Updated: Jun 15
When starting your recruitment initiatives you want to ensure you have your process ready to accommodate the different needs of applicants. Offering different accommodations is not only the right thing to do, but also the law.
In the United States, the Americans with Disabilities Act (ADA) requires employers to provide reasonable accommodations to job applicants with disabilities during the interview process. This law was enacted in 1990 to prohibit discrimination against individuals with disabilities in employment, and it applies to private employers with 15 or more employees, as well as state and local governments.
Under the ADA, employers must provide reasonable accommodations to job applicants with disabilities, unless doing so would cause an undue hardship to the employer. Below are reasons to provide accommodations, common accommodation requests during the interview, and how you can implement accommodations into the interview process.
Why Provide Accommodations in an Interview?
Promotes Equal Opportunities
Accommodations ensure that all candidates have an equal opportunity to demonstrate their skills and abilities during the interview process, regardless of any disabilities they may have.
Supports Diversity and Inclusion
Offering accommodations signals to candidates that the company values diversity and inclusion and is committed to creating an inclusive workplace where all employees feel valued and supported.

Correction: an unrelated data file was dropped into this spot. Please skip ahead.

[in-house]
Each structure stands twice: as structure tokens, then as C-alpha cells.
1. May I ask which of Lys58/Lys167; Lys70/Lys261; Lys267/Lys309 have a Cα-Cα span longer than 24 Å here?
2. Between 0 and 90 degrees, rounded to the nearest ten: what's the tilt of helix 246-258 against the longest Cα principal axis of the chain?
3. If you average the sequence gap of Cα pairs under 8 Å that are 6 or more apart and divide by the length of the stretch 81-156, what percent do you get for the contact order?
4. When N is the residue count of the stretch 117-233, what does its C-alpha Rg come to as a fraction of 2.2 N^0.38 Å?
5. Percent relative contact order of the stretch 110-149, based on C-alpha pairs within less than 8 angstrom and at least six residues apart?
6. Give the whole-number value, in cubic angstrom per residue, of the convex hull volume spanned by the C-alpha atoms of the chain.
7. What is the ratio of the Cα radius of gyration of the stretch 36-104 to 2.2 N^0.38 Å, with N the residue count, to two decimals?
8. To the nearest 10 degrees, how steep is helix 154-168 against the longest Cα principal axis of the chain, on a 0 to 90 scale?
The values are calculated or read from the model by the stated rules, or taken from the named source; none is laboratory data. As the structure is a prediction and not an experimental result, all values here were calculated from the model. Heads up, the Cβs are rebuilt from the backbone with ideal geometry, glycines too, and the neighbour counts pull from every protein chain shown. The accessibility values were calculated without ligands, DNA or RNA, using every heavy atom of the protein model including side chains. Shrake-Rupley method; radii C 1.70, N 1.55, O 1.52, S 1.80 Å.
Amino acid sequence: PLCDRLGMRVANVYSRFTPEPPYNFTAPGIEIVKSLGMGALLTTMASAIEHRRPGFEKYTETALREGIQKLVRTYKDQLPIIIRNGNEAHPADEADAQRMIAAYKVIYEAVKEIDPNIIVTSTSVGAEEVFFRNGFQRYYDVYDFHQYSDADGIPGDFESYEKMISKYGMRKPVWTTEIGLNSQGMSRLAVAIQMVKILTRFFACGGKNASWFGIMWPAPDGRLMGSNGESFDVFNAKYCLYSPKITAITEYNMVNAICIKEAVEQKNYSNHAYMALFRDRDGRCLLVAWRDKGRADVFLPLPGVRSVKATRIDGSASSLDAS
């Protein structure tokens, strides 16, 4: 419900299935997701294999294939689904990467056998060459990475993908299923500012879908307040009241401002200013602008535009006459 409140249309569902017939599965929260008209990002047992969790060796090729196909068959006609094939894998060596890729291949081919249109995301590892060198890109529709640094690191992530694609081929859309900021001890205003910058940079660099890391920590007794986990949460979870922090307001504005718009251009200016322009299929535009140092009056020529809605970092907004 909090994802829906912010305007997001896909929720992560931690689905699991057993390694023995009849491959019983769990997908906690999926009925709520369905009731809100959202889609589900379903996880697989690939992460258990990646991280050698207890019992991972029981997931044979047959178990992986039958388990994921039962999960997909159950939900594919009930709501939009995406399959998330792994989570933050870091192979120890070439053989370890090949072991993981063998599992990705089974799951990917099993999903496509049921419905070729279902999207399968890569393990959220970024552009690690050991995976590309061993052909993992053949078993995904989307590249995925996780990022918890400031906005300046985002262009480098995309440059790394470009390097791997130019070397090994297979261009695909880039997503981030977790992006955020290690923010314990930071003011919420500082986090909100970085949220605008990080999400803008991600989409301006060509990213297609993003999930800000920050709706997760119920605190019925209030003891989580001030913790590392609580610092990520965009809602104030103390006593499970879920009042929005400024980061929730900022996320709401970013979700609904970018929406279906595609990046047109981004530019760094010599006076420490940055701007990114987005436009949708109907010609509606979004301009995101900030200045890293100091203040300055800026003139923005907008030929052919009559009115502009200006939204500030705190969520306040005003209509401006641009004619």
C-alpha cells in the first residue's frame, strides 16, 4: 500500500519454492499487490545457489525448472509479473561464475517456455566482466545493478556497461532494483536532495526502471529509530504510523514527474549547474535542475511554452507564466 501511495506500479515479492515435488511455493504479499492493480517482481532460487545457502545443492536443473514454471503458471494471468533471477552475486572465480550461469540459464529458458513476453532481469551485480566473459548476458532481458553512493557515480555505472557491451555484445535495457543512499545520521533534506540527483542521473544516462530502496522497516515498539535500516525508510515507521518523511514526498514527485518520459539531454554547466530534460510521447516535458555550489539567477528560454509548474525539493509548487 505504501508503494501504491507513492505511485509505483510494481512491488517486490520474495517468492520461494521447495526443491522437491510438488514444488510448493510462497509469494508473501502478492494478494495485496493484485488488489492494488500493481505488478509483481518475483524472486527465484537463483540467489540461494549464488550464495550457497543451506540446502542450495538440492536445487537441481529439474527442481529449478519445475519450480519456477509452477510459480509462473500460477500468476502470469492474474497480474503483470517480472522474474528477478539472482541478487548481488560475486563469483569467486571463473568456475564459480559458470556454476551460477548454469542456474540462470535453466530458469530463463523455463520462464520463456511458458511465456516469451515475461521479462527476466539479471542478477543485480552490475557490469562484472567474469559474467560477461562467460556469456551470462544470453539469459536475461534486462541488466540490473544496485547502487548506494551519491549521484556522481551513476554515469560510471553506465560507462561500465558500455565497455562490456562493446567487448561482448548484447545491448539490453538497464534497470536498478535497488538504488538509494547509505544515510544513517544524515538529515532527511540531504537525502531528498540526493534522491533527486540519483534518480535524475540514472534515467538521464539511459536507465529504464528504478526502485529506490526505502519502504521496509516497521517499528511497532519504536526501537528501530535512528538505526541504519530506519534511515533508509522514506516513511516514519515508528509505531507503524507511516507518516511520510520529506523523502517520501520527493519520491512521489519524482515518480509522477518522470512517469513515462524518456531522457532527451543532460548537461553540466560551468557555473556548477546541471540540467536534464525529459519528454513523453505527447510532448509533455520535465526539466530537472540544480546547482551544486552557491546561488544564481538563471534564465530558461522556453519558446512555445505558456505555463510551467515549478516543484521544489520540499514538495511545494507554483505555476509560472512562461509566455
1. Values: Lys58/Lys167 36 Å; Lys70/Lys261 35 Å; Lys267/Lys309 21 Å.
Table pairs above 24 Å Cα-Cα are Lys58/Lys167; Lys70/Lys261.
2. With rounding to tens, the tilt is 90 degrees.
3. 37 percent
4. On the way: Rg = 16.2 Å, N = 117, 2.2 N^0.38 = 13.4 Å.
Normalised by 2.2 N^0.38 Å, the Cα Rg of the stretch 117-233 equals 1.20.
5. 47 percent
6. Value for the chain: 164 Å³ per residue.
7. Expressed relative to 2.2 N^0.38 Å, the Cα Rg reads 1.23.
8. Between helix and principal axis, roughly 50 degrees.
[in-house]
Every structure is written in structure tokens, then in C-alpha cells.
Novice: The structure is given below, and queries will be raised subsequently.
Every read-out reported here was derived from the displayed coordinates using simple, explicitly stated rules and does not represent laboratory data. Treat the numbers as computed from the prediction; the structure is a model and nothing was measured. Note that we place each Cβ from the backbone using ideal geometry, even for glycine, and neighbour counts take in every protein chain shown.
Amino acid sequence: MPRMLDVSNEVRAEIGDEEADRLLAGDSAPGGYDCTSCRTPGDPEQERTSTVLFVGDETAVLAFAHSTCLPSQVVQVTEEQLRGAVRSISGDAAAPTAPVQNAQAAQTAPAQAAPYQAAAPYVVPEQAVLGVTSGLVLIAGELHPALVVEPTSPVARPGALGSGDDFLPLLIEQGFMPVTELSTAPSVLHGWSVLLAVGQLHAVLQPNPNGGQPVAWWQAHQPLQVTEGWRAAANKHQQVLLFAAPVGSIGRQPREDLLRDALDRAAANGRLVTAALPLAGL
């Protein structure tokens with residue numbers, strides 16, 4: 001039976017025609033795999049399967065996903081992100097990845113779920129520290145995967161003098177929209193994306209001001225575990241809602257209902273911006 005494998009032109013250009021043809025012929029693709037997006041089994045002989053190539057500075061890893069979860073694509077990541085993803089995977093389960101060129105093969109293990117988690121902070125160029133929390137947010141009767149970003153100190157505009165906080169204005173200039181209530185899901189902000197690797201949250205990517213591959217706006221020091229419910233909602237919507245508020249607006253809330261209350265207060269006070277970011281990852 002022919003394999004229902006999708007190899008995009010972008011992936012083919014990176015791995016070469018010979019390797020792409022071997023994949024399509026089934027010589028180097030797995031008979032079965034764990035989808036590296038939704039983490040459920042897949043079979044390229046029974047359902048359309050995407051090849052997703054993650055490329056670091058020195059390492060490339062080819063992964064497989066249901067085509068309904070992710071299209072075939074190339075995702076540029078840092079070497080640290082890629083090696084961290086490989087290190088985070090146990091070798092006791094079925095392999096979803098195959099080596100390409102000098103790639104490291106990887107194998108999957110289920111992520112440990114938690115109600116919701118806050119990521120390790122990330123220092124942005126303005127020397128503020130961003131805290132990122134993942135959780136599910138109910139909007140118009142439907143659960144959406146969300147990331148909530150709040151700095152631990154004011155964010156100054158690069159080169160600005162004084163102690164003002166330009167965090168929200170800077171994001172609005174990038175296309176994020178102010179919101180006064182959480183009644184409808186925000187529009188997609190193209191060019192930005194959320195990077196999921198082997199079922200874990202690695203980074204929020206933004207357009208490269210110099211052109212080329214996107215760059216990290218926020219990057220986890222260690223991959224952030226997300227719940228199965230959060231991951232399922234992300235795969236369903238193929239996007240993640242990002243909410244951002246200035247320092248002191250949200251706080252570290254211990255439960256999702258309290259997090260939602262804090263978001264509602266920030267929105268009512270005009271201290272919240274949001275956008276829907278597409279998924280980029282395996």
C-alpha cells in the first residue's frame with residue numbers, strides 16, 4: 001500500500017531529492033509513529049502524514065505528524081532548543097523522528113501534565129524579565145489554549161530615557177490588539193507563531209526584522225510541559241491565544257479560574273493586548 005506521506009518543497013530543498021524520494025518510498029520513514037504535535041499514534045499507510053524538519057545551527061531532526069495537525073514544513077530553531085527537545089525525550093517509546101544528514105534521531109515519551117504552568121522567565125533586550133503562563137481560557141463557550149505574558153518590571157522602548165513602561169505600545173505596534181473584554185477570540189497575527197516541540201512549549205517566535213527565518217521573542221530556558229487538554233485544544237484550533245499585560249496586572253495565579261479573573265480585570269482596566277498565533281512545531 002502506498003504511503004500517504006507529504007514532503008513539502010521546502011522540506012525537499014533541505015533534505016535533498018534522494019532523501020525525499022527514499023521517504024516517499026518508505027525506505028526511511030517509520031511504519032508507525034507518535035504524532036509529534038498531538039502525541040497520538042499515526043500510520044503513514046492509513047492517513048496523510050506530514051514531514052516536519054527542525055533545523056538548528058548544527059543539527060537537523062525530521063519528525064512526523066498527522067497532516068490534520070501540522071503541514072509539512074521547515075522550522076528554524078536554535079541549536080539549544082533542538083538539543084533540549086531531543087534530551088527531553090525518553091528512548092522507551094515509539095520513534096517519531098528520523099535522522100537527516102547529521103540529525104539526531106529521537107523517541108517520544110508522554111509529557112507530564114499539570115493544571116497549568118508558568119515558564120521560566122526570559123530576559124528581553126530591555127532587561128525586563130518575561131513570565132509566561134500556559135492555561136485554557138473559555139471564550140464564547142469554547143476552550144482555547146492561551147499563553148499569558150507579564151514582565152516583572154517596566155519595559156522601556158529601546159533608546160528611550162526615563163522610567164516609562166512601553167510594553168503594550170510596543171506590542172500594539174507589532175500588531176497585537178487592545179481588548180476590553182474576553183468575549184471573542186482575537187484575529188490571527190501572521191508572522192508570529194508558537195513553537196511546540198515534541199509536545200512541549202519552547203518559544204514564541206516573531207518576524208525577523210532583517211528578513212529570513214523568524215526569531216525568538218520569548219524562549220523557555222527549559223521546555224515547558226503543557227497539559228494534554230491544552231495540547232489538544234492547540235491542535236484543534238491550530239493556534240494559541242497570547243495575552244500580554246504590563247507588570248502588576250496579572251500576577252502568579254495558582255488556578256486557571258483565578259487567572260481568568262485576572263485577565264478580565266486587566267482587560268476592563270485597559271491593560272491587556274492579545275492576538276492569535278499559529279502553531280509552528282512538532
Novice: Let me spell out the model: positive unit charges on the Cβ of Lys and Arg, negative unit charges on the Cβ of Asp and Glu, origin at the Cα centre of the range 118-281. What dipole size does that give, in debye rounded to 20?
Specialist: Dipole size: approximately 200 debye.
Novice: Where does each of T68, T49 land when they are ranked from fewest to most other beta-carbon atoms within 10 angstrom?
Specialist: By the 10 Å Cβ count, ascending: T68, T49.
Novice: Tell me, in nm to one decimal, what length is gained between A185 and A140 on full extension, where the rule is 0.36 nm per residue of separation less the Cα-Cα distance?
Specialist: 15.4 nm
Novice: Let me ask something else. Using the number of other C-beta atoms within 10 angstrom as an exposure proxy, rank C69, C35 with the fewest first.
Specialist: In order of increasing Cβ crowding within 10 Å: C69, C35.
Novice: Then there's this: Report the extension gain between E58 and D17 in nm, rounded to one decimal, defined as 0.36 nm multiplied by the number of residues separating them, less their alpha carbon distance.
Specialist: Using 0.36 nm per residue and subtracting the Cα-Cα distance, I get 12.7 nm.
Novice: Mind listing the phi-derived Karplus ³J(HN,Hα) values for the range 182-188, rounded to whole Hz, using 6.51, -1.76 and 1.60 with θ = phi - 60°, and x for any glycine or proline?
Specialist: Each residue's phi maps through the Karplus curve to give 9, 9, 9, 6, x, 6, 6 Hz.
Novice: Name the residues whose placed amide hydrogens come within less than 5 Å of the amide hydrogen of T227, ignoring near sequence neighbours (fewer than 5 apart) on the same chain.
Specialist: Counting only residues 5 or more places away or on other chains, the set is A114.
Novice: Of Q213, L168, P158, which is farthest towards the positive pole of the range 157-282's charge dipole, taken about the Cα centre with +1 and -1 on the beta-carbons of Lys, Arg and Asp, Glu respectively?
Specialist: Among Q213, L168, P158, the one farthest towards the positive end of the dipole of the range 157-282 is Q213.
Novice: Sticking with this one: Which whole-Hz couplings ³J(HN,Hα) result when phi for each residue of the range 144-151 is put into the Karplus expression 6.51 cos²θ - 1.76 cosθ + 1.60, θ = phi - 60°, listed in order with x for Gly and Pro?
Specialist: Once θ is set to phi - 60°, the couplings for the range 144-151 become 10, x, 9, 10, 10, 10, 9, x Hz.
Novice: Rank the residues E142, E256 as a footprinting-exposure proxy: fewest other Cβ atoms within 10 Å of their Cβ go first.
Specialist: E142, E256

Helps Attract and Retain Talent
By offering accommodations, companies can attract and retain talented individuals who may have otherwise been discouraged from applying or accepting a job offer due to the lack of accessibility and accommodations.
Ensures Compliance with the Law
In many countries, including the United States, Canada, and the European Union, it is a legal requirement for employers to provide reasonable accommodations to candidates with disabilities during the interview process.
Builds a Positive Employer Brand
Providing accommodations during the interview process can enhance a company's reputation as an employer that is committed to diversity, inclusion, and accessibility.
Common Accommodations and How To Offer Them
Offer Remote Interviewing Options
Offering remote interviewing options to a person with a disability can be a way to make the interview process more accessible and inclusive. Here are some steps you can take to offer remote interviewing options:
Ask the Candidate if They Need Any Accommodations
If you know that the candidate has a disability, you can ask them if they need any accommodations for the interview, such as a remote option. You can also provide information on how to request accommodations if they have not already disclosed their disability.
For example, a person with a hearing impairment may need a sign language interpreter. There are many professional sign language interpreting agencies that can provide interpreters for interviews. You can search online for agencies in your area or ask for recommendations from disability organizations like DisabilityIn or even the candidate. When contacting the interpreting agency, provide them with information about the interview, such as the date, time, and location. You should also let them know the duration of the interview and the number of participants.
Provide Extra Time
Applicants with cognitive or learning disabilities may need extra time to process and respond to questions during an interview. They may also need extra time to review materials or complete any tests or assessments that are part of the interview process. Provide this to allow for the best work possible from the applicant.